Madame Bovary (Penguin Classics)
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Feedback: Feedback is left for buyers after purchase has been completed. Should our services meet your satisfaction, your feedback would be greatly appreciated. Should you have an issue or problem with your order, we request the opportunity to make amends or resolve the issue before feedback is left. That may be its deception. The sentence structure, as Mr. Simmons has pointed out, is purposely perfect throughout for reading aloud, in its lengths and pauses.
I did admire the wonderful choices of detail in describing a scene or characters' actions, and the way Flaubert expertly described difficult-to-capture feelings through metaphor. I'm extremely curious how much of the novel's vaunted perfection is lost in translation from French to English, but still I can be appreciative of what comes across. My final impression of the novel's style is that, while I can't point to exactly what its perfection entails, I sense the evidence sufficiently well to accept the opinions of my scholastic betters at face value.
I've not yet addressed what the novel is about. A woman married to a country doctor becomes dissatisfied with her present circumstances, comparing it always to an alternative of which she dreams. Her fatal flaw lies in believing happiness is delivered to oneself as a package with a particular setting, with particular accoutrements.
She lives in her dreams of a fantasy life that is expressly free of all domestic concerns, thoughts for others, practical matters. Her desire for its attainment becomes her only goal of worth, to be had at any cost, for which she begins to excuse herself any action. It is her fascination with the fantasy life she dreams of obtaining that continuously places more distance between her and reality, until she becomes susceptible to those who would take advantage.
Madame Bovary: (Penguin Classics Deluxe Edition) (Paperback)
With even so little external validation as that, she loses all ability to distinguish between fantasy and reality and becomes lost thereafter. What does it all mean?
It's unlikely to simply be a commentary on the immorality of adultery. I've gathered Flaubert was no fan of the bourgeoisie, and this novel may summarize his views: their fascination with haute-culture, their equating it with happiness, and how very far from happiness this attitude taken to its extreme might lead. The flip side interpretation is that Emma's flights of fancy are in fact condoned by the author as insightfulness into beauty, which the staid bourgeoisie community surrounding her is entirely blind even to imagining.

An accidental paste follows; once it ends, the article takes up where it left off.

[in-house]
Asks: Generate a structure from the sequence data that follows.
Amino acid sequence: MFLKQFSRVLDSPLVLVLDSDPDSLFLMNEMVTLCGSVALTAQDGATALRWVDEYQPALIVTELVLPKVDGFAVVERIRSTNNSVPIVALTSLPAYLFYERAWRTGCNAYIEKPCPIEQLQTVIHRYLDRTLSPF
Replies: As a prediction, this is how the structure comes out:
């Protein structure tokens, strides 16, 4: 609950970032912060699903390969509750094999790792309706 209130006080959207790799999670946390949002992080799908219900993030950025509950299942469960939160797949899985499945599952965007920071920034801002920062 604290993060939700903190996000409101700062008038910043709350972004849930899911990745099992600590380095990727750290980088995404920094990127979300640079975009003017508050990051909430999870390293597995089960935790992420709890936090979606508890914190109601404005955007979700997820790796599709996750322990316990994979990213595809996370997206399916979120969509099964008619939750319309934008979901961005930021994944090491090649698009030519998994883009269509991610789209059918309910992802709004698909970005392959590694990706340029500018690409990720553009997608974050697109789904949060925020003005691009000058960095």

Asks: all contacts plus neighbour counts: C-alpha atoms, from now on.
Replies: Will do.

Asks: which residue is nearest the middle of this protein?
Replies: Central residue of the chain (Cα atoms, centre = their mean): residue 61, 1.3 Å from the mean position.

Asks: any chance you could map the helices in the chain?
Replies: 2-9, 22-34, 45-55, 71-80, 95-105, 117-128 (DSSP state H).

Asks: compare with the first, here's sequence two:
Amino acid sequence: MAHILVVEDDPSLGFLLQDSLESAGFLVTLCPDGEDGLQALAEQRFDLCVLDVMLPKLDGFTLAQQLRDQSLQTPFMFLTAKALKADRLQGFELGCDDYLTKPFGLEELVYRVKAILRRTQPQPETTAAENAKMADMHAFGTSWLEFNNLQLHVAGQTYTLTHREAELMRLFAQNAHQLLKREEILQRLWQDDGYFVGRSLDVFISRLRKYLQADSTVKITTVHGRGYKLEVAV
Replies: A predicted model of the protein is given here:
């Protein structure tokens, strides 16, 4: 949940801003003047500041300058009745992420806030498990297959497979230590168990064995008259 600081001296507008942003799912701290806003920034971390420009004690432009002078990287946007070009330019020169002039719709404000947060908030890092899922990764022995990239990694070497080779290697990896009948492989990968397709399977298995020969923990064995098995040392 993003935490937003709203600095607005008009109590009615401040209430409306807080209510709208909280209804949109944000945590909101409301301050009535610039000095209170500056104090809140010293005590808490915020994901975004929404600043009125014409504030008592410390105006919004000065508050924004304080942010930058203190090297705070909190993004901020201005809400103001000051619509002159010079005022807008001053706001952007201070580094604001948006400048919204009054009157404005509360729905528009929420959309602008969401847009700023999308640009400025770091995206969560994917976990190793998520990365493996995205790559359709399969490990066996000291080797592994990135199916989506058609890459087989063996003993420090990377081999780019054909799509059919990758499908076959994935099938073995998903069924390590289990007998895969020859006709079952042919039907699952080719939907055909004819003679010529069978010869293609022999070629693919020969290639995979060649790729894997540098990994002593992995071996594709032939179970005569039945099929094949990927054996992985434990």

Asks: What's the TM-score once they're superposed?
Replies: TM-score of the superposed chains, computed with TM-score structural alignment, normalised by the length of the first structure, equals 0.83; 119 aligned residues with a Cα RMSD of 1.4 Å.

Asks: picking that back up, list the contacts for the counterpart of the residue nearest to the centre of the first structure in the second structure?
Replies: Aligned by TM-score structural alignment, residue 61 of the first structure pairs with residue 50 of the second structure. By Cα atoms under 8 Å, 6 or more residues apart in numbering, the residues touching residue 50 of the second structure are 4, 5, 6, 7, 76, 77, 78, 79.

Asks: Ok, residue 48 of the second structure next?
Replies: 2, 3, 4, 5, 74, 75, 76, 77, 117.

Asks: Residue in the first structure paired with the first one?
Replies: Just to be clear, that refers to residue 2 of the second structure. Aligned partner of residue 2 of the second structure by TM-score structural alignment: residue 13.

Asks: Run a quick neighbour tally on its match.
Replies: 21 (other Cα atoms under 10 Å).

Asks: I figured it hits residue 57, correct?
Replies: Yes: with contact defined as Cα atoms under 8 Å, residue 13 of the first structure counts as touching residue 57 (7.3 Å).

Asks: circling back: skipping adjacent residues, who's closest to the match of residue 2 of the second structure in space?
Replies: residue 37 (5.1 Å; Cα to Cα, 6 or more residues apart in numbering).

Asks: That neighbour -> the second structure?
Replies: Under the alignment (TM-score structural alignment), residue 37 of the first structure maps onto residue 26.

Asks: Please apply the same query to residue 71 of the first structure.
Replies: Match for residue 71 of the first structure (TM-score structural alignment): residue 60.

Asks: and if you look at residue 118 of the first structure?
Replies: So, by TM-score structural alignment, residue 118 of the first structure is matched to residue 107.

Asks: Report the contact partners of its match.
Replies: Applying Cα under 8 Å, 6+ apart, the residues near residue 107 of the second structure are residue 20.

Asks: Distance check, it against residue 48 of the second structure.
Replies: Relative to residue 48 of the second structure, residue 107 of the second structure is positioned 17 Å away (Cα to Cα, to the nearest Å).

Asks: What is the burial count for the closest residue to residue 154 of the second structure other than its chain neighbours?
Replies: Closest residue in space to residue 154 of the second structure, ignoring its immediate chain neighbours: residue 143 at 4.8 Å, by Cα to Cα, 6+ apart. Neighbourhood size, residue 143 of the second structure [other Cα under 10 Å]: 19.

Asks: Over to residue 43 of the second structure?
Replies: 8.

Either way, bourgeoisie get the shaft. I'm going to dare a criticism and say, what I felt missing was Madame's inner thoughts and feelings which led her into marriage. They are so quickly mentioned and then put behind her, I barely grasped what placed her in her predicament. It would have been more satisfying to me had more of the initial story been told from her perspective, so we could witness and better understand what her impressions and expectations of Charles had been.
In spite of that, what I won't dare is to give this novel a less than perfect score.
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I was assigned this in high school--and remember being decidedly unimpressed--bored. Well, I don't think I can blame that on the translation, I just think that there are some books you're incapable of appreciating, if not because you're too young, then maybe because you just haven't read enough. OK, and probably because you're too young at sixteen to really empathize with Emma and her disappointed dreams.
She's a female Don Quixote driven to her ruin by reading too many romance novels. Or so it seems. This time around my magpie soul was entranced by the shiny prose. Even in translation or maybe in this translation by Eleanor Marx Aveling I was struck by the beautiful writing. Apparently some contemporaries complained of too much description--imagine that--in the 19th century a novel known for its "excessive details. But I felt the descriptions weren't mere bagatelle but really did reveal character.
And I was surprised at the sensuality of the prose: As it was empty she bent back to drink, her head thrown back, her lips pouting, her neck straining. She laughed at getting none of it, while with the tip of her tongue passing between her small teeth she licked drop by drop the bottom of her glass. AND It was the first time that Emma had heard such words addressed to her and her pride unfolded languidly in the warmth of this language, like someone stretching in a warm bath. Or this implied description of sex: From time to time the coachman, on his box cast despairing eyes at the public-houses.